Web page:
December 2007 - Posts

ESB Guidance...part 3
13 December 07 09:02 PM | logical | 4 comment(s)

Itinerary Processing

So what does ESB Guidance offer beyond the management and monitoring aspect?

The notion of itinerary processing was all new to me, and as I said in previous posts, I didn't really understand the concept at first. However, now that I do, I think of this as, by far, the coolest thing about the ESB Guidance.

Although BizTalk is flexible and configurable, when you've deployed your schemas, maps orchestrations etc, it all takes on a more static state. Furthermore, all those artifacts are compiled into assemblies, and you'll have binary references all over the place. These assembly references are of course internal, and doesn't necessary make your BizTalk solution less loosely coupled, but it will however have an effect on your overall productivity.

Normally, a system consuming a service hosted in BizTalk, would have no knowledge of how that call would be executed on the other side of that end-point. The mechanism behind the itinerary processing lets the consumer of the service describe the process, and pass that description to the service. A pipeline will then resolve the itinerary and proceed with the instructions.  

The itinerary describes a composition of services to be executed, such as transformation, routing and dynamic end-point resolution. Each of which works with a set of resolvers, that will provide the necessary input for that service.

It's important to understand the relationship between the services and the resolvers. Each resolver returns resolver facts as a property/value Dictionary defined in the Resolution class. This class contains properties such as TransportType and TransportLocation used by any of the adapter providers, and TransformType used for the Transform service.

A Uddi resolver, will return a preset property/value dictionary which only suits the adapter provider for dynamic end-point resolution. The BizTalk Rule Engine resolver howerver, is more dynamic and can be used with any adapter provider or service. This is since the user (developer) sets all the Resolver facts within the BRE, such as the name of a mapping file, which can then be used with the transformation service.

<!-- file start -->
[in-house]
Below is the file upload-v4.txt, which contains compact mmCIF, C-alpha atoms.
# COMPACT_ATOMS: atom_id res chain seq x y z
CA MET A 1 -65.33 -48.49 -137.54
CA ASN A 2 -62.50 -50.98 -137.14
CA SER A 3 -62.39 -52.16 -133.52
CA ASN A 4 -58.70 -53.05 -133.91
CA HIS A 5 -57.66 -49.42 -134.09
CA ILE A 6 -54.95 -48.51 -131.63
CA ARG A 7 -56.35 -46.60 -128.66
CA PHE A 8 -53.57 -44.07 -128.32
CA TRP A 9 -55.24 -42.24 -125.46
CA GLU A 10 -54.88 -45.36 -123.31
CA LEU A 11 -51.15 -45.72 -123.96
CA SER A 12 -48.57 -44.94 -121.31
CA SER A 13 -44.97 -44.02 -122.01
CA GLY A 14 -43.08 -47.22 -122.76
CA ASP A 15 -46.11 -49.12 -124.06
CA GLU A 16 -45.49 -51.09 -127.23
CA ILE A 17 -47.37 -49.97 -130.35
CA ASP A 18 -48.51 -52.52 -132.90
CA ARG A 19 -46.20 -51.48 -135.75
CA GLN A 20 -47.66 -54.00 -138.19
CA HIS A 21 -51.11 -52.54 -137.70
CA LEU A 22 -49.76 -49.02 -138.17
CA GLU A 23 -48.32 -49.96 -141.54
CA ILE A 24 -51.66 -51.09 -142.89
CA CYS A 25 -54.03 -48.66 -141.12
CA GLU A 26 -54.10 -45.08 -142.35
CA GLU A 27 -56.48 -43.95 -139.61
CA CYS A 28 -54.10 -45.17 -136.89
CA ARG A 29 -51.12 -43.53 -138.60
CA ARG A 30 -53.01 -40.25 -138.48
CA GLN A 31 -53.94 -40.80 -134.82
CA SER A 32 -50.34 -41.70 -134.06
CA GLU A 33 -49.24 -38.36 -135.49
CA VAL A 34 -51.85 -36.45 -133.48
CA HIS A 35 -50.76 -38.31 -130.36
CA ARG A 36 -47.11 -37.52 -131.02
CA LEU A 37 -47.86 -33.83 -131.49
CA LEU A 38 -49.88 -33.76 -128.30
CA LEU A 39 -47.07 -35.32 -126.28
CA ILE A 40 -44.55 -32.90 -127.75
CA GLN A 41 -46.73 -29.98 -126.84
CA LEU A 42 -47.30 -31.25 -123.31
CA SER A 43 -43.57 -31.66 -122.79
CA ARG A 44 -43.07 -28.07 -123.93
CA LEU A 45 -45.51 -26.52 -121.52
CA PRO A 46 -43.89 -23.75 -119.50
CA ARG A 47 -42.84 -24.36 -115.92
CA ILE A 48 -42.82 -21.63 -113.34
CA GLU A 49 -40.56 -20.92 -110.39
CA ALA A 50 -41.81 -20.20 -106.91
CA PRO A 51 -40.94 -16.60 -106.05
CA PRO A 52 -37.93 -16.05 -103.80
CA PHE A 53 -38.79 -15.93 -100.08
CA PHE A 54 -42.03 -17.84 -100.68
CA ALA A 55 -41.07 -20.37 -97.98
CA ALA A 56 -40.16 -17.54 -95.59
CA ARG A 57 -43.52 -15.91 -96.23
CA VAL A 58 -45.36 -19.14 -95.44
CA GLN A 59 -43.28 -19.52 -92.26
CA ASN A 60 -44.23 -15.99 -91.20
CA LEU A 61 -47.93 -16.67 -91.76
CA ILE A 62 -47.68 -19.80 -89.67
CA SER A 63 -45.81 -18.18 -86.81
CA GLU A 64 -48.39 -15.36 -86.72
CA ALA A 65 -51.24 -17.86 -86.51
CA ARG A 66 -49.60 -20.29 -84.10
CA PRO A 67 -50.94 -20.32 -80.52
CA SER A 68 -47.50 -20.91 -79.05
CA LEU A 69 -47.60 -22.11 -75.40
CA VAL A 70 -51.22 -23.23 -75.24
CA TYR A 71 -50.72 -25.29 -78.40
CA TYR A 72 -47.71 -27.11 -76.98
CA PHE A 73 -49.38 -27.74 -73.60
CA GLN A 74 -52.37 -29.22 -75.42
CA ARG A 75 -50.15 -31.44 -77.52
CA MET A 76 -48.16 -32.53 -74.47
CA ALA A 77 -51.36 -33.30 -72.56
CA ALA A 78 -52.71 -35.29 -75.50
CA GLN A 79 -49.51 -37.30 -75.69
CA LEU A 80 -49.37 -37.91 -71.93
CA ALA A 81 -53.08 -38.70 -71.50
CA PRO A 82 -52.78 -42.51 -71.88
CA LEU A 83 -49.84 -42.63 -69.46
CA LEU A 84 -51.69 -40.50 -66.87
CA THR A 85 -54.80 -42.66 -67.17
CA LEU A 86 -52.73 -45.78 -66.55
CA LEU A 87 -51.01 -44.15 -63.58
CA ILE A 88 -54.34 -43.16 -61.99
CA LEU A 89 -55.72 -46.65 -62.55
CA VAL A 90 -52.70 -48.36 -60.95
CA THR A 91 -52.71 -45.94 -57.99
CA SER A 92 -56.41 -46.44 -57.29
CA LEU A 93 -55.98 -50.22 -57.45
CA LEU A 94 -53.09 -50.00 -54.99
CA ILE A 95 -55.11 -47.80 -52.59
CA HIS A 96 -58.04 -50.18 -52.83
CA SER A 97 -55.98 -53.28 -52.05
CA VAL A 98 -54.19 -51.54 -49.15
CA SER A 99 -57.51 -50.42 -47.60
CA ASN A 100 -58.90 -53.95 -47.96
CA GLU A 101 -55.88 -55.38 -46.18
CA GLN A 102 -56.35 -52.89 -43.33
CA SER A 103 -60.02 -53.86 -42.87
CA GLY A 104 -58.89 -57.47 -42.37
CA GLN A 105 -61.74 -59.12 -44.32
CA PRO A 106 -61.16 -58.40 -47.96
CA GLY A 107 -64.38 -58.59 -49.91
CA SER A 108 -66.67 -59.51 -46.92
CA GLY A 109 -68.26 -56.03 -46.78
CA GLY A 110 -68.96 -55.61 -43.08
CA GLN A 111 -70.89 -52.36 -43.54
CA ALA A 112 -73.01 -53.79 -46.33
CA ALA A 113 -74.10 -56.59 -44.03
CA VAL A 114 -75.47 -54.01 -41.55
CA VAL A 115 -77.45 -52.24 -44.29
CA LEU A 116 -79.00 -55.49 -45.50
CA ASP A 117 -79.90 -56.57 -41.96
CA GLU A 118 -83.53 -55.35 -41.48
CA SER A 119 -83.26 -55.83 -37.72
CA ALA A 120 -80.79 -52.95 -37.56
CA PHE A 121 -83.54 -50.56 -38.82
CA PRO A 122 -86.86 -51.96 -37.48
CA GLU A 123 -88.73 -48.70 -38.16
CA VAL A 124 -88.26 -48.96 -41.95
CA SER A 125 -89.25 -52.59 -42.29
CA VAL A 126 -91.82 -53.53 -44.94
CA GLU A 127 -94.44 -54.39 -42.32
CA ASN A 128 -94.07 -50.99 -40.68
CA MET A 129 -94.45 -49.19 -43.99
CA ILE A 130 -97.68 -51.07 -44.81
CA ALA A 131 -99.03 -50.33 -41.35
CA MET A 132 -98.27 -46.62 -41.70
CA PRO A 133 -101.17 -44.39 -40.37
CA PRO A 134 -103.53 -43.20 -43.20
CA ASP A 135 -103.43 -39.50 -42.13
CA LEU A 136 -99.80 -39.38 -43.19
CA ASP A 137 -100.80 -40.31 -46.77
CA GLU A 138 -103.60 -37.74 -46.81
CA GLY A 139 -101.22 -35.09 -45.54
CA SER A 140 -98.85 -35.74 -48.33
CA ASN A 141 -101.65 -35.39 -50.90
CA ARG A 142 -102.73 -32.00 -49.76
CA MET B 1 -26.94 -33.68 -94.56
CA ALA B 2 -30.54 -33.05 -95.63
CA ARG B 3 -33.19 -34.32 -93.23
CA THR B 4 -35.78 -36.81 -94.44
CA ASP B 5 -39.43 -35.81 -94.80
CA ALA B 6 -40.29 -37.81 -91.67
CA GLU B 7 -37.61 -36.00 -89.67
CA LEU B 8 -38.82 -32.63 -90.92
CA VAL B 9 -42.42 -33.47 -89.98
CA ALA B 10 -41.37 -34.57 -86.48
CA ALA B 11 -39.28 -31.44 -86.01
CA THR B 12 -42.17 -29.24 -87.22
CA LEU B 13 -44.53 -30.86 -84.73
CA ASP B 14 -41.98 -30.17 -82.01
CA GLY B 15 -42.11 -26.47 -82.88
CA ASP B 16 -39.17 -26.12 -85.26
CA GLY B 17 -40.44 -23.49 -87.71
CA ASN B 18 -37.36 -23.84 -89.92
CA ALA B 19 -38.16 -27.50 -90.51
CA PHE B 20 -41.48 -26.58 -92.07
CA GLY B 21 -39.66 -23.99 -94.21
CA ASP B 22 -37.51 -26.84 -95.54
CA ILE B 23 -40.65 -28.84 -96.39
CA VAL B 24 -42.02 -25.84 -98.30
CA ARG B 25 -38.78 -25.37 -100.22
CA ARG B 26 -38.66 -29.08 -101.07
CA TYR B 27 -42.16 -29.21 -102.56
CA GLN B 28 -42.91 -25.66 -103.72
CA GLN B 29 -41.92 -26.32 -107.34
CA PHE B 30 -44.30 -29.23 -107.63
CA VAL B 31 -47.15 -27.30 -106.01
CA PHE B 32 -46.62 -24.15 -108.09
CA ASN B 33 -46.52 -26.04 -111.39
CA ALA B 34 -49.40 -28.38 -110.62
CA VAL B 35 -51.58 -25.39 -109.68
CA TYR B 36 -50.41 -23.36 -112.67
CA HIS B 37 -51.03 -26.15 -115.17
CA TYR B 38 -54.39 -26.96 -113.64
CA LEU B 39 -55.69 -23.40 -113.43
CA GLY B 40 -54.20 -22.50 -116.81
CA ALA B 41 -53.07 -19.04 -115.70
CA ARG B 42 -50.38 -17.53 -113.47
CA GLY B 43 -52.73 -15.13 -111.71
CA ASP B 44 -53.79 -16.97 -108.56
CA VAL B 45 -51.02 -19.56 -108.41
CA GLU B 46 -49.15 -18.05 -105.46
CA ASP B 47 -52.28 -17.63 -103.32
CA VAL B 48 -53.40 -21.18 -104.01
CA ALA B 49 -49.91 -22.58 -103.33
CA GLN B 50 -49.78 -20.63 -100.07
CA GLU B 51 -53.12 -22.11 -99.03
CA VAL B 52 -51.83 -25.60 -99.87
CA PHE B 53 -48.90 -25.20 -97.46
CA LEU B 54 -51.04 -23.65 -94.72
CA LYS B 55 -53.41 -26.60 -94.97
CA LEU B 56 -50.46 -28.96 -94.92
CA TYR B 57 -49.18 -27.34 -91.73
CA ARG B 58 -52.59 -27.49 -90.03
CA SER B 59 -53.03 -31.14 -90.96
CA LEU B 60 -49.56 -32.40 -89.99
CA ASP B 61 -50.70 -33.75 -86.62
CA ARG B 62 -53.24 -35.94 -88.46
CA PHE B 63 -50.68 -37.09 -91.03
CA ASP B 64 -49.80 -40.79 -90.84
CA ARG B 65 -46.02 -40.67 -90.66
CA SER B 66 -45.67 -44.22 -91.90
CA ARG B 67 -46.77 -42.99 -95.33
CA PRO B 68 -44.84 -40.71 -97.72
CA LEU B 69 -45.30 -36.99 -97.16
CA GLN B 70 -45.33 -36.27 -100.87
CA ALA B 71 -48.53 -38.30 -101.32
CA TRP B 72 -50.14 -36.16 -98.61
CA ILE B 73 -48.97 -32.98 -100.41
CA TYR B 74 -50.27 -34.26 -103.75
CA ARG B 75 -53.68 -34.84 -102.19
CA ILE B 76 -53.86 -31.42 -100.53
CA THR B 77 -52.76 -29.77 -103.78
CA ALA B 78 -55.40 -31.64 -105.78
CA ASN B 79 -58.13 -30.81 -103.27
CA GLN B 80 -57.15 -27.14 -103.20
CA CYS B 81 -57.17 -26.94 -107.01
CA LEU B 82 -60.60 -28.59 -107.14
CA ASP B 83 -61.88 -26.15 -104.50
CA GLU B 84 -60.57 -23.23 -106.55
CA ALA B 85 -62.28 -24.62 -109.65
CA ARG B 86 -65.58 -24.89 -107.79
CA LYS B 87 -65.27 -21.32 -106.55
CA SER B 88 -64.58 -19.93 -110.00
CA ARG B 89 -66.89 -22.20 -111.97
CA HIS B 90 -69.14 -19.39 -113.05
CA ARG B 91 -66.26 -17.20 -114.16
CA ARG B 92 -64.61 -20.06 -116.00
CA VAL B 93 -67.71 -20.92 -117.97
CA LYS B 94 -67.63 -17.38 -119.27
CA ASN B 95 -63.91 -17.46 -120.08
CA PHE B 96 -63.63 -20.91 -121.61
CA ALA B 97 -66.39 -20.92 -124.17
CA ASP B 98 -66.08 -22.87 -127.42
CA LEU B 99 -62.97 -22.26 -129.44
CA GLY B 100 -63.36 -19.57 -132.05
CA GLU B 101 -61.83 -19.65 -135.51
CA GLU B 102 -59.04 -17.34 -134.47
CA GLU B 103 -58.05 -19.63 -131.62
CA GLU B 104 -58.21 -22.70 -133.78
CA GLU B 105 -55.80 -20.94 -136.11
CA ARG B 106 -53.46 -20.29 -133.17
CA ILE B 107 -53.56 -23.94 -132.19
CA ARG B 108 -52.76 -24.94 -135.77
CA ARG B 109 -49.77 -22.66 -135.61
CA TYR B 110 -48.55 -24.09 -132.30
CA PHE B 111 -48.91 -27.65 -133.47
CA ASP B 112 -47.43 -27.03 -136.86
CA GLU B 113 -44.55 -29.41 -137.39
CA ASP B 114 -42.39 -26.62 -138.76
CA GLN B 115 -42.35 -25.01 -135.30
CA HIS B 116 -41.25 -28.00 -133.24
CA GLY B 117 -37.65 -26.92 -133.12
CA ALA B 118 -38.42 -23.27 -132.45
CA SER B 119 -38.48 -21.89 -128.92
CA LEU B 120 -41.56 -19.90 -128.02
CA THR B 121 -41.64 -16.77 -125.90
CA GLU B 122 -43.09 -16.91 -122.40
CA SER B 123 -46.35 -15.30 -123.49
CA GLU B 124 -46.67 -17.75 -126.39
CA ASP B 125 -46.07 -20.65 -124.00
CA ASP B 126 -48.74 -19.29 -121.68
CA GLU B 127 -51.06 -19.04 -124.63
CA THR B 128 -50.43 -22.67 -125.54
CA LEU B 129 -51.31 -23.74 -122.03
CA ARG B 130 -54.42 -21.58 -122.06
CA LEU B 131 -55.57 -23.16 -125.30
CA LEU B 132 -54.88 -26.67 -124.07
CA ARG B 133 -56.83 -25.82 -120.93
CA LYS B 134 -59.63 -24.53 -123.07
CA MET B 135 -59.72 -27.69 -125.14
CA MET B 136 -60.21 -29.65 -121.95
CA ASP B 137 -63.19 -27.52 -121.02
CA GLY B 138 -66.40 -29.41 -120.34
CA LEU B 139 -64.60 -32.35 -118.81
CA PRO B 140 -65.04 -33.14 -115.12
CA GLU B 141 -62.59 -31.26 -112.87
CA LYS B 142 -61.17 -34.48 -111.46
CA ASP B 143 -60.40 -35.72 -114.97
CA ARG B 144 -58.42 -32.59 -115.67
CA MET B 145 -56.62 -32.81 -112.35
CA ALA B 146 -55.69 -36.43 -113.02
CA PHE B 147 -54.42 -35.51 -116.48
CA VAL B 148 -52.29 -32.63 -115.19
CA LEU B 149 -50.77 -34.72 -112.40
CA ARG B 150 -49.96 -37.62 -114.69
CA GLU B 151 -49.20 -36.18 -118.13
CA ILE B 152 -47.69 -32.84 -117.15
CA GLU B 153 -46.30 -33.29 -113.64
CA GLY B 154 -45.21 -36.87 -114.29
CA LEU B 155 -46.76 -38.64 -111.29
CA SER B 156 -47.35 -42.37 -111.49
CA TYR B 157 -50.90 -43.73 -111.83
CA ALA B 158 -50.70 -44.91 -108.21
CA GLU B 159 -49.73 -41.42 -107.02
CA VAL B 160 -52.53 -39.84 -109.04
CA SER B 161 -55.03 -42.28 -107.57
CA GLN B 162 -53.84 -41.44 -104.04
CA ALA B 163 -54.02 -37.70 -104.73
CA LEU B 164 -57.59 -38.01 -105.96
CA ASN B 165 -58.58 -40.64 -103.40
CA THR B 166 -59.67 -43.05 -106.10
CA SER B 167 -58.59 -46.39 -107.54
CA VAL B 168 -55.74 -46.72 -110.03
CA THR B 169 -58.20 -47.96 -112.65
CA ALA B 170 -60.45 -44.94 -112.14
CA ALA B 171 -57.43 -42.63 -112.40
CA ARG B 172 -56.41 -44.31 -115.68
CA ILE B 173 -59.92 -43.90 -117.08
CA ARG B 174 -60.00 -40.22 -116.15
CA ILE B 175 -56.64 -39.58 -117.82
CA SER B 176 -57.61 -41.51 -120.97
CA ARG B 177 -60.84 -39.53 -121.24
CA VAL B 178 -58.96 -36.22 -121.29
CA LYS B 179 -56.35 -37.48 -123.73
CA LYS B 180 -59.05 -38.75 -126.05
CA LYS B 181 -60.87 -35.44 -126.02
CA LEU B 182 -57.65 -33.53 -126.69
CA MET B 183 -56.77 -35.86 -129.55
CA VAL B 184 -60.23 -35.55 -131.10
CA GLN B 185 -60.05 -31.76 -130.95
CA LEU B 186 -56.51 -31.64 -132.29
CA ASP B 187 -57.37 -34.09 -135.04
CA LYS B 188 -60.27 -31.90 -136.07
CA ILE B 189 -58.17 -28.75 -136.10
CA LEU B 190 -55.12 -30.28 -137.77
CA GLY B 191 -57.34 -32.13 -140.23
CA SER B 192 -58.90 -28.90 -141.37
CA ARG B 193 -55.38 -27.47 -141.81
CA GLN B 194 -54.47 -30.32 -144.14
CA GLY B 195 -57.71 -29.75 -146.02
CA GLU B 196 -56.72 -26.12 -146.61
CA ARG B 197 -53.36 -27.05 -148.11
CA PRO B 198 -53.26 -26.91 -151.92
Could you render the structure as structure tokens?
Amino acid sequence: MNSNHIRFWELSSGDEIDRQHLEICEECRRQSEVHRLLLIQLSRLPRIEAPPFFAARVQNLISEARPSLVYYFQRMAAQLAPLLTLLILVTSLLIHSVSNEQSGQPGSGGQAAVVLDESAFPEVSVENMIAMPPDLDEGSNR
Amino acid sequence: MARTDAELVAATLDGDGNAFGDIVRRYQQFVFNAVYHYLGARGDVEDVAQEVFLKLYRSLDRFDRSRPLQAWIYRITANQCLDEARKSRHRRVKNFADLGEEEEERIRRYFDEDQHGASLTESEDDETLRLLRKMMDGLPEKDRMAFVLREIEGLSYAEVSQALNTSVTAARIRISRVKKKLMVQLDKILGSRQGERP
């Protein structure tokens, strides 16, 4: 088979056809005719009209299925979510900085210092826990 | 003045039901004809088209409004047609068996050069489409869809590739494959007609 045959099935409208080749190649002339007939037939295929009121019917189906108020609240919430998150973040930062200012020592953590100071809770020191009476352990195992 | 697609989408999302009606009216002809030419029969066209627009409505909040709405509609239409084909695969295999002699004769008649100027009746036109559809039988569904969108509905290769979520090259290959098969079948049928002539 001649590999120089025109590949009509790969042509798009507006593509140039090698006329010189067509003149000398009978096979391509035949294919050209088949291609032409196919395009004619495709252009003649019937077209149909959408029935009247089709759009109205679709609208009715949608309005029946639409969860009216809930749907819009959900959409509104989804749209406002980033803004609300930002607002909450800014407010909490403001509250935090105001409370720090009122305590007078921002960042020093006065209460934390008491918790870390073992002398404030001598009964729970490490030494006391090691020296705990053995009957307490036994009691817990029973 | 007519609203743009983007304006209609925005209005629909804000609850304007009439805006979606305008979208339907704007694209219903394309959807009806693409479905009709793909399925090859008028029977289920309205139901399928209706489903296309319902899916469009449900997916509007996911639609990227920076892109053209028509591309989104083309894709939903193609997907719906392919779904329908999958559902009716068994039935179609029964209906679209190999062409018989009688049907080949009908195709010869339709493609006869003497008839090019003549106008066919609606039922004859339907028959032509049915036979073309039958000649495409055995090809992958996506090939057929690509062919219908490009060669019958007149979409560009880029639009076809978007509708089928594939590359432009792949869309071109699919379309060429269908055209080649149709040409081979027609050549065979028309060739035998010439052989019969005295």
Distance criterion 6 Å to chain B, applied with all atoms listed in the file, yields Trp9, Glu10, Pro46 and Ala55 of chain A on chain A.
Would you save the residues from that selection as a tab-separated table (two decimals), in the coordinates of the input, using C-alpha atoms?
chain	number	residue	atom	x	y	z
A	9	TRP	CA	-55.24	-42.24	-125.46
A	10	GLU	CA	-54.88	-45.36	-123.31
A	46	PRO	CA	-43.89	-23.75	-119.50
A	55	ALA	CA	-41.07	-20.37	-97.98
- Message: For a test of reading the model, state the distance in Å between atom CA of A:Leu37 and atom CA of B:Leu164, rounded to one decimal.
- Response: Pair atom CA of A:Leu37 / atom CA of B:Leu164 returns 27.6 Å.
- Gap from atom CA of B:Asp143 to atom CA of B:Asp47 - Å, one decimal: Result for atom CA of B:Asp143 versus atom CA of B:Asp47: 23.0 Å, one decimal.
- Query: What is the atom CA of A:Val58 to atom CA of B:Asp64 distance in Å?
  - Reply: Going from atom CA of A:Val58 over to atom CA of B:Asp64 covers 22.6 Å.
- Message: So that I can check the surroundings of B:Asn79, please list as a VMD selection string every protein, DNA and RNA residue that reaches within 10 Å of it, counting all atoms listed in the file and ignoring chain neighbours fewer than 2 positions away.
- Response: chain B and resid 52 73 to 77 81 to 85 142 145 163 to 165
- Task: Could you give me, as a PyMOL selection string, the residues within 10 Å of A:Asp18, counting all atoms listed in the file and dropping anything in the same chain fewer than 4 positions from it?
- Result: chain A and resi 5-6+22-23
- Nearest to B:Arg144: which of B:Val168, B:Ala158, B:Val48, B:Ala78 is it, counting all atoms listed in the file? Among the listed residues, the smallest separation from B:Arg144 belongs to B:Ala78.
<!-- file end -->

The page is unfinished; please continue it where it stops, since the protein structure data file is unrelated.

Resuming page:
The help describes in great detail how’d you go about building your own Services, Resolvers and Adapter providers.

ESB Guidance part 4

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ESB Guidance…part 2
07 December 07 06:28 PM | wmmihaa | 1 comment(s)

Management and monitoring

Eventually I got through with the installation procedure, and got the portal up and running.

Being a BizTalk developer you are pretty much neglected from any kind of user-friendly experience. -This looks really good, and it seems easy to manage. Exceptions are caught, and nicely presented in various graphs and lists. Alerts can be set up and later subscribed to. BizTalk receive locations and send ports can be published to the uddi server and much more.    

In my opinion, there are two main advantages with this portal. First of all, in my experience, BizTalk server is usually installed down in the deepest and darkest of catacombs, behind several firewalls and as far away from any user as possible. This makes it somewhat challenging for the support personnel since they need to use the BizTalk Administration Console.  The BizTalk Administration Console, as you may know, need to to connect to the management database directly, wish pretty much puts our support guys behind the same firewalls. However, using the ESB portal, you'll still need the BizTalk console, but you might at least delegate some of the operational tasks to colleagues on the other side of the wall.

The second benefit is all about exception handling. Usually, we need to handle exceptions differently depending whether it is caught in a mapping, pipeline or orchestration. ESB Guidance solves this by relying on failed message routing. Exceptions are routed to the All.Exceptions Send Port (SQL Adapter) which stores the data in the EsbExceptionDb database. From this source, all exceptions are presented in a unified way in the portal. - Sweet!

ESB Portal - Home


ESB Guidance part 3

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ESB Guidance…part 1
01 December 07 06:20 PM | wmmihaa

Christmas came early this year...

I first heard of ESB Guidance at the SOA Conference in Redmond.  And even though I attended Marty Wasznickys sessions, it took me a while to fully understand the concept. I mean, just looking at the ESB portal and the Exception Handling Framework, what more could a BizTalk developer ask for...

Marty kept on talking about Intineries, On- and Off Ramps and I, still focusing on the portal, couldn't really grasp it all.

Later, I got home and waited for the November release to be announced. And much like a kid, opening his first present on Christmas, I downloaded the ESB Guidance msi file, and got on with the installation.

This experience reminds me of being seven years old and wishing for a 3000+ pieces model ship for X-mas.  Ripping the paper of the package,  I didn't spear no time taking on the challenge of building the RMS Titanic, much without the help of the guided instructions I might add. Needless to say, the result was a disaster. But what do you know, some 30 years later, I came to learn from this experience.

 You see, as it turns out, double-clicking that installation file was not enough. You have to proceed through a very tedious (but well documented) installation procedure before you get to taste the sweetness of ESB Guidance. Take my advice, be thorough and read the installation instruction carefully. 

That said, -It's totally worth it!

ESB Guidance…part 2


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